Friday, November 18, 2005
Thursday, November 17, 2005
In the sharpest White House attack yet on critics of the Iraq war, Vice President Dick Cheney said on Wednesday that accusations the Bush administration manipulated intelligence to justify the war were a "dishonest and reprehensible" political ploy.Yet it was Cheney who was rewriting his own 2001 history in 2004 (quoting here from an az.general newsgroup posting I made on June 24, 2004):
Cheney repeated Bush's charge that Democratic critics were rewriting history by questioning prewar intelligence on Iraq's weapons of mass destruction even though many Senate Democrats voted in October 2002 to authorize the invasion.
"The president and I cannot prevent certain politicians from losing their memory, or their backbone -- but we're not going to sit by and let them rewrite history," said Cheney, a principal architect of the war and a focus of Democratic allegations the administration misrepresented intelligence on Iraq's weapons program.
Cheney said the suggestion Bush or any member of the administration misled Americans before the war "is one of the most dishonest and reprehensible charges ever aired in this city."
Here's another recent example of a lie from Dick Cheney (both are on video, and were shown on Comedy Central's "The Daily Show" night before last)--this text is quoted from http://www.spinsanity.org/:On "Meet the Press" on November 14, 2003, Cheney stated that "I have not suggested there's a connection between Iraq and 9/11." What else could he have meant when he claimed a "pretty well confirmed" Mohammed Atta link to Iraq?During the CNBC interview, Cheney also dissembled in the following exchange about Mohammed Atta, an Al Qaeda member who was allegedly involved in the September 11 attacks (a witness claimed that Atta met with an Iraqi intelligence officer in Prague in the spring of 2001, a heavily disputed assertion that the FBI and CIA have questioned):So in December 2001 he said the Atta/Iraqi meeting in Prague was "pretty well confirmed," but in 2004 he says he never said that, and that "we have never been able to confirm that nor have we been able to knock it down."BORGER: Well, let's get to Mohamed Atta for a minute because you mentioned him as well. You have said in the past that it was, quote, "pretty well confirmed."But as a White House transcript demonstrates, Cheney said in a December 9, 2001 interview on "Meet the Press" that, "Well, what we now have that's developed since you and I last talked, Tim, of course, was that report that's been *pretty well confirmed*, that [Atta] did go to Prague and he did meet with a senior official of the Iraqi intelligence service in Czechoslovakia last April, several months before the attack." (our emphasis)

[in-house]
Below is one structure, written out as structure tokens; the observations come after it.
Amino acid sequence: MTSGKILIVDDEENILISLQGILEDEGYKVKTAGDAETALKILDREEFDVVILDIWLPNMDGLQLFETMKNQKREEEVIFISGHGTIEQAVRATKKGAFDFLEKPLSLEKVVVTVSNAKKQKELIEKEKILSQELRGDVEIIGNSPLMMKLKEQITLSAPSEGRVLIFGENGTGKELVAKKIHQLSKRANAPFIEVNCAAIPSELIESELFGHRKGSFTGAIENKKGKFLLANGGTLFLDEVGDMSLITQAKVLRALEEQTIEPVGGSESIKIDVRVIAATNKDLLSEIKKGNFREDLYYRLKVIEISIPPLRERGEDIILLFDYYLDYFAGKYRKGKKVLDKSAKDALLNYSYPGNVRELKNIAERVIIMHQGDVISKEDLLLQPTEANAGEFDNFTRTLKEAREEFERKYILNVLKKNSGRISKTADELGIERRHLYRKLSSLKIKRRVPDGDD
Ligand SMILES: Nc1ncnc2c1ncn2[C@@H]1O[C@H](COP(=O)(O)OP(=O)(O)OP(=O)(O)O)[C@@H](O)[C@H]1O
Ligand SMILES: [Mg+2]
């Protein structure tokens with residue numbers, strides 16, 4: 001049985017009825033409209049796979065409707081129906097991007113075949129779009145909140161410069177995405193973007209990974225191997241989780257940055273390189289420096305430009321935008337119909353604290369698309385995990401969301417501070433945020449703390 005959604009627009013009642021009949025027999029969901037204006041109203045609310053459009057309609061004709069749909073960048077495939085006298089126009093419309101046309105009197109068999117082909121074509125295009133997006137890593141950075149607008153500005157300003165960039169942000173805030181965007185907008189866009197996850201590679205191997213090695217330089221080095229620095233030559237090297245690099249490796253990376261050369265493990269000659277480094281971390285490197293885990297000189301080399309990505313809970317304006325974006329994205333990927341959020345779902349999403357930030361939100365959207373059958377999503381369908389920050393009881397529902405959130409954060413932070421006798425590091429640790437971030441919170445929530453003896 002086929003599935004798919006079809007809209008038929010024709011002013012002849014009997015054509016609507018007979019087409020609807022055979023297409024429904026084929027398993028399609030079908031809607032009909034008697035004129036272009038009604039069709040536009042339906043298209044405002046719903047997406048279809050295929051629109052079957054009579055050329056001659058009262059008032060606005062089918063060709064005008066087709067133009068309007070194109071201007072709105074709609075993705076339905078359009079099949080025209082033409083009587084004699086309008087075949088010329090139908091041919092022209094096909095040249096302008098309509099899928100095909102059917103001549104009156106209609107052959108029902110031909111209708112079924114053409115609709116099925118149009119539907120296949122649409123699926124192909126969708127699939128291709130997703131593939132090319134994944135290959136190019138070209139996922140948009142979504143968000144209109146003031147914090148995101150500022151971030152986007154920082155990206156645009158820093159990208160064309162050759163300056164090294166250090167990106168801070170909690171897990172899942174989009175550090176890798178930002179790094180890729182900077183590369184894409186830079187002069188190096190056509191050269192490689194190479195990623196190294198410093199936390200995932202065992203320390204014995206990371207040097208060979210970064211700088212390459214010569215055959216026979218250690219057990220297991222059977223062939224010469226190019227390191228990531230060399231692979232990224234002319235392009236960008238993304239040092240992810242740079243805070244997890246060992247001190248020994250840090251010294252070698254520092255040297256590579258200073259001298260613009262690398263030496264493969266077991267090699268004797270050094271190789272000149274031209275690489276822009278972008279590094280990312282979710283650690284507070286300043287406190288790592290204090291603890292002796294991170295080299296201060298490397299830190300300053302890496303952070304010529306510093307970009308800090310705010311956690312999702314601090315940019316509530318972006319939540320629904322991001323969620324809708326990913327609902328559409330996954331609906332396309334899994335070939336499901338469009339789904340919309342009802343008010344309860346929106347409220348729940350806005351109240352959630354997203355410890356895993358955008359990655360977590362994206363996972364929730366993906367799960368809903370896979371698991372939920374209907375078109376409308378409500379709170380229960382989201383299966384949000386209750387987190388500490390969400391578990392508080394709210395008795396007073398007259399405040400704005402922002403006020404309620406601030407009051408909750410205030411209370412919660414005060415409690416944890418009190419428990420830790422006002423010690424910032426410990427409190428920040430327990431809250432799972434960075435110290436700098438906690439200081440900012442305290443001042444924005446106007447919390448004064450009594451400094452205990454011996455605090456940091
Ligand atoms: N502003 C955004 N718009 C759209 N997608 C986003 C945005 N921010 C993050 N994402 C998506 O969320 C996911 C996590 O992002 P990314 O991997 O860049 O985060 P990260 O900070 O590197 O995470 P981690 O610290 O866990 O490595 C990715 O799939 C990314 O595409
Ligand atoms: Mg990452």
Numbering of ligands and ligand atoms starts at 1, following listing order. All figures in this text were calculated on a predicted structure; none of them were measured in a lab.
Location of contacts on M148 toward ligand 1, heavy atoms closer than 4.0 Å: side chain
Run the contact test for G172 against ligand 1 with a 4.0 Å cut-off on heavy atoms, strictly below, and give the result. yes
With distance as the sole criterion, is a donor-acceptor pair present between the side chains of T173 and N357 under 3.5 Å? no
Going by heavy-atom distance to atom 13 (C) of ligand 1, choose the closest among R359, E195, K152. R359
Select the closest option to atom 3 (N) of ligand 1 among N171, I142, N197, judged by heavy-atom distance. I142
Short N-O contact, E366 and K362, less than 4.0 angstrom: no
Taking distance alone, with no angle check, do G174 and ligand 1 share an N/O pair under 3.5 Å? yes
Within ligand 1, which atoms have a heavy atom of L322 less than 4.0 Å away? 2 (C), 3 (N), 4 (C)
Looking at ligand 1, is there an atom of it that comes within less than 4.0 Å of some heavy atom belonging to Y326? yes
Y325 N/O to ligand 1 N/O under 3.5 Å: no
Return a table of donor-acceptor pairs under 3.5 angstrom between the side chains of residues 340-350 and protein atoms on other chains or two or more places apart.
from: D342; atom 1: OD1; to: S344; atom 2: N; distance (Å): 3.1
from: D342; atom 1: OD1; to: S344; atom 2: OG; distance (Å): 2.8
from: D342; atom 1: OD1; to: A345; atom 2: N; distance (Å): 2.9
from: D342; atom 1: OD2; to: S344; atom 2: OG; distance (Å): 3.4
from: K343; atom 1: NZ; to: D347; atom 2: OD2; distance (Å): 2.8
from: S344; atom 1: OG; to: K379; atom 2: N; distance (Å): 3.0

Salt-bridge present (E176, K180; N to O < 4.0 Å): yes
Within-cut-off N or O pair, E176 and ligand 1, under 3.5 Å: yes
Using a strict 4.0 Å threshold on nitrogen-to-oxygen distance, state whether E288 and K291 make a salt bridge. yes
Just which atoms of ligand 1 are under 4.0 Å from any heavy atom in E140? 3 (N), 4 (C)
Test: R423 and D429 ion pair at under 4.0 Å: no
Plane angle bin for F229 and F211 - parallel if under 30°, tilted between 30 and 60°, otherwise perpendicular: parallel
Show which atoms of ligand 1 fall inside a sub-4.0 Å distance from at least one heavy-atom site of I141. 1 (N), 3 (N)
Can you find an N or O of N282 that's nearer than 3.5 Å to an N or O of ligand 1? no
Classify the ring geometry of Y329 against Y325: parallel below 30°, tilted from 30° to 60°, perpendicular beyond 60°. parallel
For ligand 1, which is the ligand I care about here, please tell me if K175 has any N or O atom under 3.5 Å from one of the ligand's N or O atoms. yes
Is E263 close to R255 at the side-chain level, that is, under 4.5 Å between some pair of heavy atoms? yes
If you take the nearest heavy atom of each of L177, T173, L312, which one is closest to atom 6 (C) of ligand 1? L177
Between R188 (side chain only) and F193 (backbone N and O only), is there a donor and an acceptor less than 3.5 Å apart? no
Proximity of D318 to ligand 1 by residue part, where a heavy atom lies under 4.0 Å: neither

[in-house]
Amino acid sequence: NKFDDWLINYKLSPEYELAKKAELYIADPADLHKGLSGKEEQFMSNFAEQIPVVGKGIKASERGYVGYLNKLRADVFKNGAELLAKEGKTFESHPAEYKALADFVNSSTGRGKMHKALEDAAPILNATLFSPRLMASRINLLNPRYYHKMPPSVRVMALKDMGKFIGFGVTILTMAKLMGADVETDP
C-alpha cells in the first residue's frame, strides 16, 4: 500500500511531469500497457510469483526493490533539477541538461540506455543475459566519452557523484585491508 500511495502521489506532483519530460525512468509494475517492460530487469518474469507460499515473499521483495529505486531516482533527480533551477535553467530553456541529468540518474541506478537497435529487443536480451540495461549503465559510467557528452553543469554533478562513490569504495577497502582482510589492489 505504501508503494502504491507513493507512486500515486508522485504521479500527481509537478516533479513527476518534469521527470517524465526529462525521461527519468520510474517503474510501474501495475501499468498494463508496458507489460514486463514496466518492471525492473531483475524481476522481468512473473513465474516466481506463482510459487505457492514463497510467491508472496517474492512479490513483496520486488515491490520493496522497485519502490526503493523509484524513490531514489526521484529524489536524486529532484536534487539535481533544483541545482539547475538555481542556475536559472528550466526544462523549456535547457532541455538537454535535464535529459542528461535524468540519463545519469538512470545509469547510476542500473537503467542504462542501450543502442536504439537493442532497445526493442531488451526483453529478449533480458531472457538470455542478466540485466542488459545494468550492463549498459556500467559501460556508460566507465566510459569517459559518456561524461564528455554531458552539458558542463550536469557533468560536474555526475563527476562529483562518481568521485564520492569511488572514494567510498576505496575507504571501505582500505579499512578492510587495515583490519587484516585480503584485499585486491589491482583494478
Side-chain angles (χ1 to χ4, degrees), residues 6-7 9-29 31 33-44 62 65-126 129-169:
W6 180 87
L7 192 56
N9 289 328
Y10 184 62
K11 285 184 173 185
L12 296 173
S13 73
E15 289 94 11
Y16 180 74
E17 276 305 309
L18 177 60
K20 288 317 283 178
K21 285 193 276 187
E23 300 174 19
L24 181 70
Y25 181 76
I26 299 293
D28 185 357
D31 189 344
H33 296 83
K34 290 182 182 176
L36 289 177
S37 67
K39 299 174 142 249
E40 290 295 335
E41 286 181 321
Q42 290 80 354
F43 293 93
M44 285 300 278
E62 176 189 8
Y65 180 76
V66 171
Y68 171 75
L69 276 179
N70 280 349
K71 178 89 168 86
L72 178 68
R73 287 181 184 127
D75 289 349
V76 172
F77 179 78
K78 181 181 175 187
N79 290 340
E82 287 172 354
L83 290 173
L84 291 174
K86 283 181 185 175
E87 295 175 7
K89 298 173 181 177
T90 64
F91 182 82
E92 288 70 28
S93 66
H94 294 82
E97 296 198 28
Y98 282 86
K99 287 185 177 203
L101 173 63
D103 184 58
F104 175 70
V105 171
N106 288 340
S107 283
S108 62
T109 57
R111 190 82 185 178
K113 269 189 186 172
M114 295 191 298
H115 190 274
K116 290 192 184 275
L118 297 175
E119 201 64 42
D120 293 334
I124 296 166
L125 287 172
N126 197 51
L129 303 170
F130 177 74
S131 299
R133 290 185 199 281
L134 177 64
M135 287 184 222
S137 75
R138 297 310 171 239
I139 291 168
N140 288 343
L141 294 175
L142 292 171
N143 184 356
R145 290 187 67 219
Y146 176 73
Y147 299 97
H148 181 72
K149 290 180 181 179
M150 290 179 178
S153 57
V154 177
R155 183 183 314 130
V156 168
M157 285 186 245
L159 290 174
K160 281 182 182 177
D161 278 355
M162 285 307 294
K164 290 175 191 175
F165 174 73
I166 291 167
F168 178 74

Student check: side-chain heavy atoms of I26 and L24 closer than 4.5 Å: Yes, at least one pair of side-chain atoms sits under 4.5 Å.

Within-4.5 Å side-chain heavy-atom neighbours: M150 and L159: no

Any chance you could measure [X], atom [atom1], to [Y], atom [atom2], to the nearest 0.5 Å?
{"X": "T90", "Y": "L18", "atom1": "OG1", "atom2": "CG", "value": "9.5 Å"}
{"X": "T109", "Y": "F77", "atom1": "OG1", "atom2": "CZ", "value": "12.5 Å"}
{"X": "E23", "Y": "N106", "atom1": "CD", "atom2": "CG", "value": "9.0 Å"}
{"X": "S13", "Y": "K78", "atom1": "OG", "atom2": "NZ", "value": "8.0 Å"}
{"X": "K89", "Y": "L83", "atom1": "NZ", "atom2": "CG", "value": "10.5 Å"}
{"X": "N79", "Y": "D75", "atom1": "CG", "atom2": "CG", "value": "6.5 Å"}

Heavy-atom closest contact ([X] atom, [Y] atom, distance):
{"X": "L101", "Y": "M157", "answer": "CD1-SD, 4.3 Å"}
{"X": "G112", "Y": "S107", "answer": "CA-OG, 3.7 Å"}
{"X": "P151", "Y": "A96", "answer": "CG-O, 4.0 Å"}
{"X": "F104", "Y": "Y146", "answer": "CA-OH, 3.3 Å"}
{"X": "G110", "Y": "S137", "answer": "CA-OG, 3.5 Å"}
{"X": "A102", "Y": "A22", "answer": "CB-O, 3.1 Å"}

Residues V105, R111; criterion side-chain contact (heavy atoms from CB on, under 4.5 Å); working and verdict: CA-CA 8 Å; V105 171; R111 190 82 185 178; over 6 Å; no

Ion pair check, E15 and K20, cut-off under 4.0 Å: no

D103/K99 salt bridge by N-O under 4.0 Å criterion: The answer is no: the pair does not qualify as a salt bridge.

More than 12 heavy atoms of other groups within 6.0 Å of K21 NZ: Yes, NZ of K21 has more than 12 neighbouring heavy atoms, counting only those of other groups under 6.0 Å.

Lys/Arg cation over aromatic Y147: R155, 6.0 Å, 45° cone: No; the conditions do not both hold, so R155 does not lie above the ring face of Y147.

CHENEY: No, I never said that.
CHENEY: I never said that.
BORGER: I think that is...
CHENEY: Absolutely not. What I said was the Czech intelligence service reported after 9/11 that Atta had been in Prague on April 9 of 2001, where he allegedly met with an Iraqi intelligence official. We have never been able to confirm that nor have we been able to knock it down, we just don't know.
So he was lying in December 2001 when he said it was pretty well confirmed, and lying again in 2004 when he said he never said that it was pretty well confirmed.
In the same Usenet posting, I pointed out that the Bush administration was denying that the techniques used in Abu Ghraib had any approval from their administration:
BTW, up until very recently the Bush administration was denying the content of Seymour Hersh's story in the New Yorker which was the first report of Rumsfeld's memo approving these techniques. They were lying.In that USA Today story, the Bush administration response to Hersh's charges, now confirmed, was:
E.g., look at the quotes attributed to "The Pentagon" and Condoleezza Rice in this USA Today article from May 15: